Abstract Aims Addressing plant responses to water stress is critical to understand the structure of plant communities in water-limited environments and to forecast their resilience to future changes in climate. In a semiarid agroforestry system in the Sahelian savannah of Leona (Senegal), we selected nine common tree species and explored their stress-resistance mechanisms. These species represent a variety of life forms and are of high regional socio-economic importance. We hypothesized that different species would show different suites of traits to cope with water stress and expected to identify functional groups differing in strategies to withstand water shortage. Methods Along a dry and a wet season, we monitored four traits reflecting above- and below-ground strategies of resource acquisition such as predawn leaf water potential (ψpd), specific leaf area (SLA), leaf thickness and leaf area index (LAI). We also measured two morphological traits: trunk diameter and tree height. LAI and ψpd were measured six times during the dry and rainy seasons, and the other traits were measured once. Important Findings We identified two functional classes subdivided into two functional groups of each class. The first class included deciduous and semi-deciduous species that generally had large SLA, low leaf thickness and small-to-intermediate inter-seasonal variations in ψpd. The second class included evergreen species of two functional groups that differ in SLA, leaf thickness and the magnitude of inter-seasonal variations of ψpd throughout the year. The four functional groups identified in this study represent plant strategies differing in their response to changing environmental conditions. Acacia tortilis, Adansonia digitata, Balanites aegyptiaca, Celtis integrifolia, Combretum glutinosum, Faidherbia albida, functional traits, Neocarya macrophyla, Sclerocarya birrea, Tamarindus indica, water stress INTRODUCTION Tropical seasonally dry forests and savannahs are subjected to rainfall regimes that greatly vary in frequency and intensity across years where rainfall is unevenly distributed among seasons within a year. Therefore, water availability is one of the most limiting factors for plants in such tropical systems, influencing plant productivity and community structure across large-scale regional gradients and small-scale, topographic gradients (Ogle and Reynolds 2004). The relative success of tree species along these gradients and their fate under potential changes in water availability will depend on the mechanisms through which they respond to water shortage (Markesteijn 2010). Research on plant responses to water stress is critically important as most climate change scenarios suggest an increase in aridity in many areas of the globe, including the tropics (Dai 2013; Diop et al. 2016; Petit et al. 1999), which may result in shifts in the composition of current plant communities and their distribution range. For instance, the severe droughts in the Sahel from the 1970s to the 1990s, followed by relatively low annual rainfall afterward (Funk et al. 2012), changed the ecological baselines in the region (Bell and Lamb 2006; Nicholson 2005). In fact, in this area, there are already significant declines in tree density and species richness as a consequence of increased temperature and decreased rainfall (Gonzalez et al. 2012). Functional traits may result from evolutionary processes (Flores et al. 2014) and are used as indicators of ecophysiological function. For example, they may be used to anticipate plant responses to environmental factors (Cornelissen et al. 2003a; Lavorel and Garnier 2002), including water shortage (Knevel et al. 2005), to highlight adaptive strategies (Grime 2001), and, overall, their analysis help us explain species effects at ecosystem level (Vendramini et al. 2002; Wright et al. 2005). Species differ in drought tolerance and associated traits (Lohbeck et al. 2015; Markesteijn 2010; Valladares and Sánchez-Gómez 2006). Plant sensitivity to water shortage may be evaluated through different indicators of plant physiological status, such as leaf water potential, stomatal conductance, or chlorophyll fluorescence (Armas and Pugnaire 2005, 2009; Gómez-Aparicio et al. 2006; Quero et al. 2011), and therefore, measuring key drought-resistance traits may provide powerful tools to examine interspecific responses to drought (Engelbrecht and Kursar 2003). Such trait measurements, and the trade-offs they may show, can explain much about species performance and community composition (Poorter et al. 2010). Although there are many plant traits reflecting sensitivity to water stress, most studies on trait–environment linkages have focused on leaf traits (Reich 2014) as they reflect strategies of resource uptake and use. For example, species with high specific leaf area (SLA), low-density tissues and high leaf nitrogen content tend to have rapid resource capture (Poorter and Garnier 2007; Ruiz-Robleto and Villar 2005; Wright and Westoby 2001), allowing these plants to be dominant in moist and fertile areas (Grime et al. 1997; Reich et al. 1999). By contrast, species with efficient resource conservation (Chapin et al. 1993; Wright et al. 2004) minimize nutrient loss and increase their competitive abilities in dry and nutrient-poor environments (Aerts 1995; Hobbie 1992). Plant species segregate along natural gradients of water availability according to their capacity to withstand water stress. However, species with contrasting ecological requirements coexist (Valladares and Sánchez-Gómez 2006), as in the semiarid Sahelian zone of Senegal, where evergreen and deciduous species co-occur. Such contrasted functional groups certainly reflect different strategies of the different species in a plant community to deal with water shortage (Fournier 1995), a feature that still puzzles the scientific community (Westoby et al. 2002). Here, we focus on drought-resistance mechanisms in nine Sahelian tree species of high socio-economic importance for local populations. We hypothesized that (i) in the semiarid area of Sahel, different woody species will evidence trade-offs between water uptake traits and use conservation and (ii) the presence of similar water-use strategies will allow the grouping of different tree species into the same plant functional group. MATERIALS AND METHODS Study site and species The study was conducted in the Sahelian savannah of Leona, northwest Senegal, a semiarid environment with Sub-Canarian climate (Wade 1997). It is under the influence of oceanic winds and currents that reduce the extreme seasonal contrasts of the Sudano-Sahelian climate. Therefore, this region has a smooth, atypical climate whose influence diminishes away from the coast. Between February and May, the area is dominated by the Harmattan (hot and dry winds) with huge sand storms and high desiccating effect. The wet monsoon season occurs between June and October with an average annual rainfall that varies between 220 and 350 mm (Gaye and Edmunds 1996), followed by a dry season between November and May. Temperatures are high during most of the year. The hottest periods generally correspond to the months of May and October. Minimum temperatures range between 22 and 28°C and maximum temperatures between 31 and 37°C (Wade 1997). However, temperatures have increased steadily since the 1950s while rainfall has decreased (Sagna et al. 2015), in agreement with the Intergovernmental Panel on Climate Change scenarios. Soils are mostly sandy, little-leached ferruginous tropical soils with poor structure and usually occupied by peanut, cowpea, millet crops and grasslands. There are some areas under intensive cropping all year round, leading to impoverished soils that require large inputs of fertilizer before new crops are sowed. Nonetheless, a large proportion of the area is covered with grassland used for livestock. Being sandy soils, they have low water-holding capacity, low organic matter content and are often subject to wind erosion. The natural landscape is a savannah where scattered big trees and shrubs grow in a matrix of a continuous herbaceous/grass species layer that thrives during the rainy season. Most woody species of this Sahelian savannah ecosystem are thorny. Harvesting of trees and shrubs, grazing, cropping and rainfall all contribute to shape the vegetation regionally (Konaté 2010). We selected nine dominant and ecologically and socio-economically important tree species with multiple uses in these areas: Acacia tortilis spp. raddiana, Adansonia digitata (baobab), Balanites aegyptiaca, Celtis integrifolia, Combretum glutinosum, Faidherbia albida, Neocarya macrophyla, Sclerocarya birrea and Tamarindus indica (Table 1). Table 1: selected woody species of the Sahelian zone of Senegal and habits Species Families Leaves habit Acacia tortilis subsp. raddiana (Savi) Brenan Fabaceae Deciduous Adansonia digitata L Malvaceae Deciduous Balanites aegyptiaca (L.) Del. Balanitaceae Evergreen Celtis integrifolia Lam. Ulmaceae Evergreen to deciduous Combretum glutinosum Perr. Ex DC. Combretaceae Evergreen Faidherbia albida (Del.) Chev. Fabaceae Deciduous Neocarya macrophyla (sabine) Prance Chrysobalanaceae Evergreen Sclerocarya birrea (A. Rich) Hochst Anacardiaceae Deciduous Tamarindus indica L. Fabaceae Evergreen to deciduous Species Families Leaves habit Acacia tortilis subsp. raddiana (Savi) Brenan Fabaceae Deciduous Adansonia digitata L Malvaceae Deciduous Balanites aegyptiaca (L.) Del. Balanitaceae Evergreen Celtis integrifolia Lam. Ulmaceae Evergreen to deciduous Combretum glutinosum Perr. Ex DC. Combretaceae Evergreen Faidherbia albida (Del.) Chev. Fabaceae Deciduous Neocarya macrophyla (sabine) Prance Chrysobalanaceae Evergreen Sclerocarya birrea (A. Rich) Hochst Anacardiaceae Deciduous Tamarindus indica L. Fabaceae Evergreen to deciduous View Large Plant traits We selected four plant traits that are indicators of different functions related to resource use by the plant and are also complementary in representing water-use strategies. They were predawn leaf/twig water potential (ψpd), SLA, leaf area index (LAI) and leaf thickness (Niinemets 2001). The ψpd provides information on plant water status as well as on its capacity to take up soil water. Its value range is species specific and depends, among others, on rooting depth, root architecture and root physiological properties (Pérez-Harguindeguy et al. 2013). The ψpd provides data comparable among species and is less variable than midday water potential, which is affected by temperature, radiation, vapour pressure deficit and other environmental variables. Although midday water potential could make a better index of a species tolerance to water shortage, midday water potential is quite variable as hydraulic properties of highly stressed leaves and twigs may vary significantly from point to point (Koide et al. 1989; Turner et al. 1984). We used a pressure chamber (PMS Instruments, Santa Barbara, CA, USA) to measure ψpd. SLA is one of the most widely used leaf traits to analyse plant responses to the environment. SLA is strongly linked to relative growth rate and the plant resource-use strategy (Poorter and Garnier 2007) and can be used to estimate resource availability (Pérez-Harguindeguy et al. 2013). A related trait is leaf thickness, linked to leaf construction costs, leaf lifespan and gas exchange (Loranger and Shipley 2010). Leaf thickness is one of the key components of SLA. Finally, we also measured the LAI or the total leaf area of the plant per unit ground area (Jonckheere et al. 2004), with an LAI 2000 (Li-Cor Biosciences, Lincoln, NE, USA). LAI is a dimensionless index (m2/m2) and reflects the capacity of the plant to intercept radiation. and LAI and ψpd may be inversely related (Bréda et al. 1995), as higher LAI means higher evaporative surface, which may lead to a decrease in ψpd. In summary, these four traits reflect plant strategies in resource capture and use. Two tree-level morphological traits, diameter at breast height (DBH) and plant height were additionally measured to control for variability associated with tree size. Trait data were collected following the protocols in Cornelissen et al. (2003b), Knevel et al. (2005) and Pérez-Harguindeguy et al. (2013). We measured these traits in six randomly selected healthy, mature trees of each of the nine species, all growing in the field. Leaf measurements were performed on six intact, fully developed leaves from a well-lit branch (~1 cm in diameter and at least 1 m long) per individual tree. The ψpd was measured on one leaf or twig (depending on the species) per branch. LAI and ψpd measurements were carried out five times, two during the dry season (November 2010 and April 2011) and three during the rainy season (July 2010, August and September 2011), whereas SLA and leaf thickness were measured once when leaves were at their best during the rainy season for all species except for Faidherbia; for this species, leaves were collected in the dry season, as it is a rainy season deciduous species. The 2010 wet season was well above average, which in July reached 230 mm, while the dry season was quite below average, with no precipitation in November 2010 and April 2011—our sampling dates. The sampling dates in the 2011 wet season (August and September) were above average. Data analysis Differences in plant traits among species, seasons and months were analysed with repeated-measures general linear mixed models. Main fixed factors were species, season/month and the interaction between them. Each tree (identified with a unique ID) was the repeated-measured unit across months, and we set a compound symmetry correlational structure to account for the relation among repeated measures. We also tested several variance structures to avoid heteroscedasticity. In the case of ψpd and LAI, we selected varExp, which represents an exponential structure of a variance–covariate function structure (Galecki and Burzykowski 2013). For the other traits (SLA, thickness, DBH and height), we used varIdent, which represents a variance structure with different variances for different strata (Galecki and Burzykowski 2013). We selected the best model according to the Akaike information criterion (Akaike 1974), choosing the one with lowest value. Post hoc differences were tested with Fisher’s least significant difference test. We also performed multivariate analyses (principal component analysis [PCA] and cluster analysis) of all functional traits, in order to identify groups of individuals with common functional characteristics. Statistical analyses were performed with Infostat (Di-Rienzo et al. 2015). Reported values throughout the text and figures are means ± 1 standard error (SE). RESULTS There were significant changes in the seasonal course of ψpd in most species (Fig. 1a). It was highest (i.e. less negative) for all species in July 2011, after the onset of the rainy season, where values ranged from −0.24 to −0.65 MPa. Adansonia, Sclerocarya and Neocarya showed rather steady ψpd during both the rainy and dry seasons. In most species, however, there was a decrease in ψpd during the dry season, which remained low for the whole period (Fig. 1b). We recorded important intraspecific variability in November 2010 and April 2011 (both months in the dry season), especially in Acacia, Balanites and Tamarindus. Figure 1: View largeDownload slide seasonal changes in Ψpd (a) and LAI (c) and mean Ψpd (b) and LAI (d) along the rainy and dry seasons of nine tree species in the Sahelian region of Senegal: Acacia tortilis (Acto), Adansonia digitata (Addi), Balanites aegyptiaca (Baae), Celtis integrifolia (Cein), Combretum glutinosum (Cogl), Faidherbia albida (Faal), Neocarya macrophylla (Nema), Sclerocarya birrea (Scbi) and Tamarindus indica (Tain). Data are mean values ± 1 SE, n = 6. Post hoc letters in panels (a) and (c) are not included to improve clarity (see supplementary Tables S1and S2 for post hoc tests). Mean seasonal values shown by horizontal lines (solid, wet; broken, dry) ±1 SE (dotted lines). Figure 1: View largeDownload slide seasonal changes in Ψpd (a) and LAI (c) and mean Ψpd (b) and LAI (d) along the rainy and dry seasons of nine tree species in the Sahelian region of Senegal: Acacia tortilis (Acto), Adansonia digitata (Addi), Balanites aegyptiaca (Baae), Celtis integrifolia (Cein), Combretum glutinosum (Cogl), Faidherbia albida (Faal), Neocarya macrophylla (Nema), Sclerocarya birrea (Scbi) and Tamarindus indica (Tain). Data are mean values ± 1 SE, n = 6. Post hoc letters in panels (a) and (c) are not included to improve clarity (see supplementary Tables S1and S2 for post hoc tests). Mean seasonal values shown by horizontal lines (solid, wet; broken, dry) ±1 SE (dotted lines). Similarly, LAI changed across seasons (Fig. 1), but differences between dry and wet seasons were only significant for Faidherbia and Sclerocarya. Faidherbia was the only species in our data set that was deciduous during the rainy season, and it showed higher LAI values during the dry season than during the rainy season (Fig. 2d). Sclerocarya showed high LAI in the dry season, likely due to a long rainy season in 2010. During the dry season, the evergreen species Neocarya and Combretum had the highest LAI. Large intraspecific variation was observed in Adansonia (April 2011), Combretum and Celtis in August 2010 and also in Neocarya (November 2010 and August 2011) (Fig. 1c). Figure 2: View largeDownload slide SLA (a), leaf thickness (b), plant height (c) and DBH (d) of the nine Sahelian tree species (species legend as in Fig. 1). Data are mean values ± SE, n = 6. Bars with different letters are significantly different (Fisher’s LSD post hoc tests). Figure 2: View largeDownload slide SLA (a), leaf thickness (b), plant height (c) and DBH (d) of the nine Sahelian tree species (species legend as in Fig. 1). Data are mean values ± SE, n = 6. Bars with different letters are significantly different (Fisher’s LSD post hoc tests). SLA differed across species, being smallest in Balanites, Combretum and Neocarya and highest in Faidherbia (Fig. 2a). Leaf thickness (Fig. 2b) also differed among species and, not surprisingly, was highest in the evergreens Balanites, Neocarya and Combretum, whereas it was low in the deciduous and semi-deciduous species Faidherbia and Tamarindus, the other species displaying intermediate values. Finally, the tallest (tree height, Fig. 2c) individuals were those of Celtis and Adansonia, and there was large intraspecific variation in Balanites and Celtis. We aimed to identify functional groups according to variations in traits by PCA and performed a hierarchical clustering, both considering the following variables: ψpd, LAI, SLA and height of all species. We excluded leaf thickness as we had no values for one species. The PCA showed that the absolute value of ψpd (i.e. without sign) was positively correlated with LAI and inversely correlated with SLA and tree height (Fig. 3); i.e. the lower the SLA and tree height, the higher the LAI and the absolute value of ψpd (thus, the more negative the water potential). Thus, Balanites and Combretum, which had more negative ψpd values than most of the species, had also low SLA. Species like Acacia and Adansonia were characterized by high SLA, while Neocarya, Celtis and Tamarindus showed comparatively higher LAI. Figure 3: View largeDownload slide PCA of SLA, absolute value (with no sign) of Ψpd, and tree LAI and height of the nine Sahelian tree species. Figure 3: View largeDownload slide PCA of SLA, absolute value (with no sign) of Ψpd, and tree LAI and height of the nine Sahelian tree species. The hierarchical classification (Fig. 4) allowed us to group species into two classes with two functional groups each. The first class included deciduous and semi-deciduous species and generally had large SLA and low leaf thickness, showing small-to-intermediate inter-seasonal variations in ψpd. This first class was split into two functional groups, the first group was formed by four deciduous species, Acacia tortilis, Adansonia digitata, Faidherbia albida and Sclerocarya birrea, while the second group only included one species, the evergreen-to-semi-deciduous Celtis integrifolia. The second class included all evergreen species and one semi-deciduous, all with overall low SLA, high leaf thickness and generally large inter-seasonal variations of ψpd throughout the year. This class was also subdivided into two groups, one formed only by Neocarya macrophylla while the other by Balanites aegyptiaca, Combretum glutinosum and Tamarindus indica (this last species was the only semi-deciduous in this class). Figure 4: View largeDownload slide cluster analysis of three physiological traits (Ψpd, SLA and LAI) of the nine Sahelian tree species (Cophenetic correlation = 0.925). Figure 4: View largeDownload slide cluster analysis of three physiological traits (Ψpd, SLA and LAI) of the nine Sahelian tree species (Cophenetic correlation = 0.925). DISCUSSION A combination of physiological and morphological traits enabled the grouping of our nine Sahelian tree species into different functional types. This classification implies that species in the same functional group, sharing similar features, will likely display similar responses to the environment (Garnier and Navas 2012) i.e. they are ‘functional response groups’ (Lavorel et al. 1997). We used traits easy to monitor and quantify (Garnier et al. 2004), measured using standardized protocols (Cornelissen et al. 2003b; Knevel et al. 2005; Pérez-Harguindeguy et al. 2013), which are indicators of the mechanisms by which plants make use of water and tolerate water stress. Tropical savannahs are important biomes across the world (Williams et al. 1997), with a high diversity of species and life forms in both the herbaceous and woody layers (Wilson et al. 1996). Numerous woody species in savannahs, dominant and subdominant, are drought deciduous but have developed additional strategies to cope with seasonal, chronic and erratic dry spells. Larcher (1995) described two wide groups that appear to display ‘drought-avoiding’ and ‘drought-tolerant’ strategies, and our data lend support to classifications that sort out drought avoidance and drought-tolerance strategies. Tree species in our study avoid water stress by different means. Our analyses grouped species into two classes with two functional groups each. One of these classes could be considered as that of the water stress avoiders and, overall, included the deciduous and semi-deciduous species, which were divided into two functional groups. One group included Acacia, Adansonia, Faidherbia and Sclerocarya, all deciduous species, and another group included Celtis (semi-deciduous). The two functional groups decrease evaporative surfaces by shedding leaves during the unfavourable season (except Faidherbia), contributing to preserve water within the plant; but these species are also deep-rooted (Logan et al. 2010), which suggests access to deep water storages as a complementary measure to avoid water stress (Logan et al. 2010). In addition, these two functional groups share large SLA and generally low leaf thickness, traits associated with low leaf longevity (i.e. deciduousness) and low construction costs (Westoby et al. 2002; Flores et al. 2014) and are indicative of rapid resource capture or exploitative strategy (Flores et al. 2014). The first functional group of water stress avoiders included the deciduous Acacia, Adansonia, and Sclerocarya characterized by small-to-intermediate inter-seasonal variations in water potential, suggesting that they have access to permanent water sources. Overall, this functional group includes species that avoid water stress first by maximizing water uptake through extended root systems, except Faidherbia, and, when water stress accentuates, by minimizing water loss by progressively shedding their leaves, again, except Faidherbia. Shallow roots in Adansonia occupy up to 0.7 ha, while lateral roots in Sclerocarya extend up to 58 m (mean 40 m) and 20–25 m in Acacia (Breman and Kessler 1995; Soumaré et al. 1994). Faidherbia, also included in this group, has the unique character of losing its leaves in the wet season. Roupsard et al. (1998) proposed that this behaviour is intended to avoid competition with herbs. However, Faidherbia’s strategy may be better regarded as a response that provides protection against herbivores and diseases, as some studies have suggested for other species (William and Thomas 1986). This explanation would be supported by the fact that Faidherbia showed high SLA, which is related to soft, less defended leaves against herbivores. Faidherbia thrives in the dry season based on the efficiency of its root system, able to take up water 30 m deep (Breman and Kessler 1995). As the taproots of adult Faidherbia individuals reach the water table, they ensure water supply all year round. In the same group of water stress avoiders is Acacia, displaying a moderate inter-seasonal variation in ψpd. Many authors have characterized water relations in Acacia (Do et al. 1998; Gebrekirstos et al. 2011; Otieno et al. 2005). Its wide spatial distribution is indicative of a remarkable adaptability to different environmental conditions that can be attributed to three basic elements: water uptake from deep soil layers, low water consumption and optimization of the ratio between assimilation and transpiration (i.e. high water use efficiency; Do et al. 1998). In addition, the bulk of gas exchange does occur in the rainy season where potential water losses are lower (Do et al. 1998). Therefore, the drought-avoidance strategy of Acacia is based on two mechanisms: maximization of water uptake and minimization of water loss. Both mechanisms keep turgor high and, as shown by our data, maintain relatively high water potential all year round. Regarding Adansonia and Sclerocarya, in addition to losing their leaves under water stress, they have relatively short taproots (reaching depths of 2.4 m in Sclerocarya; Orwa et al. 2009) and robust lateral roots. Adansonia roots are relatively shallow (down to ~1.8 m) but spread out to a distance greater than the height of the tree (Fenner 1980). Robust lateral roots allow these species to explore the upper soil horizons and extract the maximum of rainwater before infiltration. Such an extensive shallow root system suggests it is adapted to exploiting erratic rainfall (February et al. 2013; Hodge 2010; Pugnaire et al. 2006). Water may be stored in the trunk and, along with leaf shedding during the dry season, enable the tree to have access to water supplies. Storage organs in Adansonia are large woody stems more or less lignified with succulent tissue (Arbonnier 2004). Baobab trees have long been assumed to depend on water stored in their large, swollen stems (Wickens 1983), but recent reports indicate that only a limited amount of stored water is used for physiological processes buffering daily water deficits (Chapotin et al. 2006b). In contrast, stem water reserves are used by the tree to support new leaf growth and cuticular transpiration, but not to support stomatal opening in the dry season (Chapotin et al. 2006a) since leaves are present only during the rainy season. The second group in the class of water stress avoiders is monospecific and formed by Celtis, the only evergreen-to-semi-deciduous species (Arbonnier 2004). It has intermediate-to-high SLA values and the highest height along with Adansonia. However, it has high LAI, and water loss is minimized by a progressive loss of leaves as water stress intensity progresses (Bourou 2012; Maes et al. 2009). Depending on the environmental conditions where this species grows, it can show an evergreen or semi-deciduous syndrome. As Bai et al. (2015) described, when unfavourable conditions (temperature, water and nutrient) are relatively short, the retention of evergreen leaves in evergreen-to-semi-deciduous species is beneficial for carbon fixation. However, when unfavourable conditions become longer, the maintenance of leaves requires a vast investment of nutrients and energy for these species. Thus, a species such as Celtis integrifolia with high LAI under high water availability tends to have more leaves with higher SLA (Ogaya and Peñuelas 2007), which is a more efficient strategy to maximize photosynthetic gain. Under lower water availabilities, however, Celtis adopts a deciduous strategy instead of investing more resources in strong, sclerophyll leaves to stand climatic adversity. The other functional class is split into two functional groups that showed a drought-tolerance strategy by being able to maintain low leaf water potentials (Valladares et al. 2004). Tolerant species have tissues resistant to dehydration and xylem cavitation, show osmotic adjustment and high cell wall elasticity (Marshall and Dumbroff 1999; Pereira et al. 2004; Villar-Salvador et al. 2013). With the exception of Tamarindus, which is semi-deciduous, species in this class (Balanites, Combretum—Group III) and Neocarya (Group IV) are all evergreen, maintain high LAI all the year round and show low ψpd even during the rainy season, but particularly during the dry season, allowing high rates of light interception (Kool and Lenssen 1997). Maintaining a higher LAI, however, increases transpiration, leading to higher inter-seasonal variations in ψpd which is characteristic of this group. During the dry season, leaf water potential decreased in all evergreen species in our study (except Neocarya), thereby reducing their ability to supply water to cells. Such imbalance between water provision and needs may be explained by a very high resistance to the passage of water in the soil–plant interface (Sobrado 1986). Evergreen species lose their turgor pressure at a total water potential much lower than deciduous species (Fournier 1995). Thereby, the leaf tissue of evergreen species is adapted to stand higher turgor pressure than deciduous species when the water potential decreases, although there is variability (e.g. Balanites and Combretum; Fournier 1995). The species in this group have developed several strategies to withstand water stress. Balanites, one of Sahelian trees with higher tolerance to water stress (Depierre and Gillet 1991), in addition to have deep root system (Hall and Walker 1991), has long spines and sclerophyllous leaves. Tamarindus seems the less water stress-resistant species in the group, as it reduces transpiration through a gradual loss of leaves to almost total defoliation under stressful conditions but maintains water potentials (Bourou 2012). The last functional group included only Neocarya, a species that experienced small ψpd variations throughout the year, with high LAI, leaf thickness and low SLA. Low SLA tend to correspond with high structural defences and long leaf lifespan (Cornelissen et al. 2003b; Wright et al. 2004), which is characteristic of a resource-conservative strategy (Flores et al. 2014). Indeed, Neocarya has leathery and hairy leaves that decrease transpiration and allow coping with water stress (Arbonnier 2004). CONCLUSION Our data show that different tree species display contrasting suites of traits reflecting different mechanisms to cope with water stress even within an apparently homogeneous environment, suggesting that they evolved under different environmental conditions. Functional traits allowed us to identify plant strategies and group species into four functional groups based on their responses to water stress. Overall, evergreen and semi-deciduous species root deeper than deciduous species and rely on deep-stored water reserves during the dry period. Changes in rainfall amount and the length of drought spells will likely be critical for these species, being the species with high LAI more sensitive to these changes. On the other hand, deciduous and semi-deciduous species cope with drought by avoiding activity in the periods of water shortage. They make a less efficient use of water and have low capacity to control water losses. Changes in the length of the wet season and of drought spells within the wet season will likely be the most critical for the persistence of these species. SUPPLEMENTARY DATA Supplementary data are available at Journal of Plant Ecology online. FUNDING This work was carried out within the FUNCITREE Project, an EU 7FP (contract KBBE-227265). It was also partly funded by the Spanish MICINN (grant CGL2014-59010-R). J.S.D. received a PhD fellowship from the Spanish Agency of International Cooperation for Development (AECID). C.A. is grateful to the Spanish Government for her ‘Ramón y Cajal’ contract (RYC-2012-12277). ACKNOWLEDGEMENTS We thank Mr Abdou Faye for technical assistance and the local people in the study area for allowing us to work on their fields and for their support during the entire period of data collection. We also thank Fernando Casanoves for statistical advice. Conflict of interest statement. None declared. REFERENCES Aerts R( 1995) The advantages of being evergreen. 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Journal of Plant Ecology – Oxford University Press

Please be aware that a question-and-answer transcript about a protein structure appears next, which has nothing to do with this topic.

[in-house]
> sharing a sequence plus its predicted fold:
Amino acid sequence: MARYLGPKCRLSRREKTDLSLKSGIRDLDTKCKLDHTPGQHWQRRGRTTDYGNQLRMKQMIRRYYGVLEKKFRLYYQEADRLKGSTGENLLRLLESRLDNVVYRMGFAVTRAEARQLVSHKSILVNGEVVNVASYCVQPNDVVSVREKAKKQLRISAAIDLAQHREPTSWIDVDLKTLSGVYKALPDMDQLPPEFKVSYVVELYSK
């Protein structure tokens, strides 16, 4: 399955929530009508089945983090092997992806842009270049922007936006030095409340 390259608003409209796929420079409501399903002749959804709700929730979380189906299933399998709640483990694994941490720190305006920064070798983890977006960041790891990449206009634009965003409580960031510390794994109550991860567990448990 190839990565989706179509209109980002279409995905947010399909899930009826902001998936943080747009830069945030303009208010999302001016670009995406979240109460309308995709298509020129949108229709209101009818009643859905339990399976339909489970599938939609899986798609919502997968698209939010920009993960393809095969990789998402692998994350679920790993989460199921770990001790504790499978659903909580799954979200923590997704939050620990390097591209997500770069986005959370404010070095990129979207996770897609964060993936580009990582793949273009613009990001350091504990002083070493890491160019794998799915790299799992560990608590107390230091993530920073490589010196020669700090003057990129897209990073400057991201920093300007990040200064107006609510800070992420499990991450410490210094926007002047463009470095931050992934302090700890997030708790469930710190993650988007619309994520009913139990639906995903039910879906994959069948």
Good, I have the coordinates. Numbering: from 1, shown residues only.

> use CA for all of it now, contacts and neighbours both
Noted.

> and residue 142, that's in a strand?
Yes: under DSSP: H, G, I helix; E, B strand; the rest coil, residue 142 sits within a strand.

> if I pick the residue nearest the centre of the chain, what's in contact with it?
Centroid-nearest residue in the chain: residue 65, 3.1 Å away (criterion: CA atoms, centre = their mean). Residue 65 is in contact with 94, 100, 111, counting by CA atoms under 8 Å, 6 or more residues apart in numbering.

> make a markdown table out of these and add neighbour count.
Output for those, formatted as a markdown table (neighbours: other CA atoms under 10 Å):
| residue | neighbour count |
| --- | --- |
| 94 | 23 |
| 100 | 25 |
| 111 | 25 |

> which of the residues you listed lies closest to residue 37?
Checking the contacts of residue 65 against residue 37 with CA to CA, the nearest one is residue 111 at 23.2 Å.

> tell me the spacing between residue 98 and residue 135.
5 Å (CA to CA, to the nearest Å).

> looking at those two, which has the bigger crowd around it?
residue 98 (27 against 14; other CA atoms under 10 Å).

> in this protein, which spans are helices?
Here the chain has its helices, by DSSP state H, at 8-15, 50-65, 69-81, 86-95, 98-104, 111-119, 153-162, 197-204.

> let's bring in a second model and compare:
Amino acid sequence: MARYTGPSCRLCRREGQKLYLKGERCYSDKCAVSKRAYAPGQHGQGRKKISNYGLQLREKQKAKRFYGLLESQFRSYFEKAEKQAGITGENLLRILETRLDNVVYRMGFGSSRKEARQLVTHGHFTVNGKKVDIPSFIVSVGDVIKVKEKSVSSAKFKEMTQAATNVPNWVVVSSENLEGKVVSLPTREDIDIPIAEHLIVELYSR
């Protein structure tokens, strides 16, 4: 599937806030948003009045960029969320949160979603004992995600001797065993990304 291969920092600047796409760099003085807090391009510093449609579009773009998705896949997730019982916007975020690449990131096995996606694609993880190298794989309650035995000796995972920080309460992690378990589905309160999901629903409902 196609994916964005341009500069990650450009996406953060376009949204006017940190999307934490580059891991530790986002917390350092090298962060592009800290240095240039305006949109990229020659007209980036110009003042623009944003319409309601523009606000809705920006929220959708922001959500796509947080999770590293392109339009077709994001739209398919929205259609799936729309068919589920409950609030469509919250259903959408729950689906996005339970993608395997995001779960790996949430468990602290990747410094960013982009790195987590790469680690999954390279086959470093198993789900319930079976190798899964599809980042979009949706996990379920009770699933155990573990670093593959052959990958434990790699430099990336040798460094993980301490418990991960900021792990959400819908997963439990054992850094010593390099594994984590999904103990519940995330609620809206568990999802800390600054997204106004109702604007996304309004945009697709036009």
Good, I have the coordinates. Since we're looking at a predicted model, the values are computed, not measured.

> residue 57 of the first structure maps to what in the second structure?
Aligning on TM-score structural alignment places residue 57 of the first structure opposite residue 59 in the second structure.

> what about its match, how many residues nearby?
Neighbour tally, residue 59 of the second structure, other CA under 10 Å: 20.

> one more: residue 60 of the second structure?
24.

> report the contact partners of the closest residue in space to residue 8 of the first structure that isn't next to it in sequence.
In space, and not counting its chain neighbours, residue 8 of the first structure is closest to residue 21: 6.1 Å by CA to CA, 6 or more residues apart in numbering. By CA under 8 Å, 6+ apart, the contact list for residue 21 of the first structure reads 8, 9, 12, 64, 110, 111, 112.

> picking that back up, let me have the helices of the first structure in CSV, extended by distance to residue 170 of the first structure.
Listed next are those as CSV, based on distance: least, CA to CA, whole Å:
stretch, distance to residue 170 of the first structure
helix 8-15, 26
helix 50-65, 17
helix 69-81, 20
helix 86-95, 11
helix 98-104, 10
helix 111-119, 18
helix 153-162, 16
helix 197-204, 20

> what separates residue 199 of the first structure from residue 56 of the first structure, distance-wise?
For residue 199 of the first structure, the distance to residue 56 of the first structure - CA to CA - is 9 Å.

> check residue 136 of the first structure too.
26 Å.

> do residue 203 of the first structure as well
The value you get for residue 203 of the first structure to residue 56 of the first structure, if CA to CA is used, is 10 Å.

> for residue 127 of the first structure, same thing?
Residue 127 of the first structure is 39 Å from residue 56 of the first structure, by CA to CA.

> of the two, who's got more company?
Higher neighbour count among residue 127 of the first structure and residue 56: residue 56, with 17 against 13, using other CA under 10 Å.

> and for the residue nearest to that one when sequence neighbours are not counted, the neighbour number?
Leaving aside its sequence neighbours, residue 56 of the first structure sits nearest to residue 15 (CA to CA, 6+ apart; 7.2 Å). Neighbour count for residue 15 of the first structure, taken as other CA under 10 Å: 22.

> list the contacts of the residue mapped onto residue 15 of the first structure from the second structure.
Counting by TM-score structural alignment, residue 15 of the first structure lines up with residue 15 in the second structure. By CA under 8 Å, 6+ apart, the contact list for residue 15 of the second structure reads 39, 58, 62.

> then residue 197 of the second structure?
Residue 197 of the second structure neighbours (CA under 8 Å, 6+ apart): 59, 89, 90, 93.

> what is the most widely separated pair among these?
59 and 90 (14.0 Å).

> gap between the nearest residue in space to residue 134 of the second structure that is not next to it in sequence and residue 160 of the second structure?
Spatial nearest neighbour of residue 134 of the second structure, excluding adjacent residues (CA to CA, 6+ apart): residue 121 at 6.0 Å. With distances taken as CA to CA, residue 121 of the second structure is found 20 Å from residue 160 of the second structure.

Published: Jun 1, 2018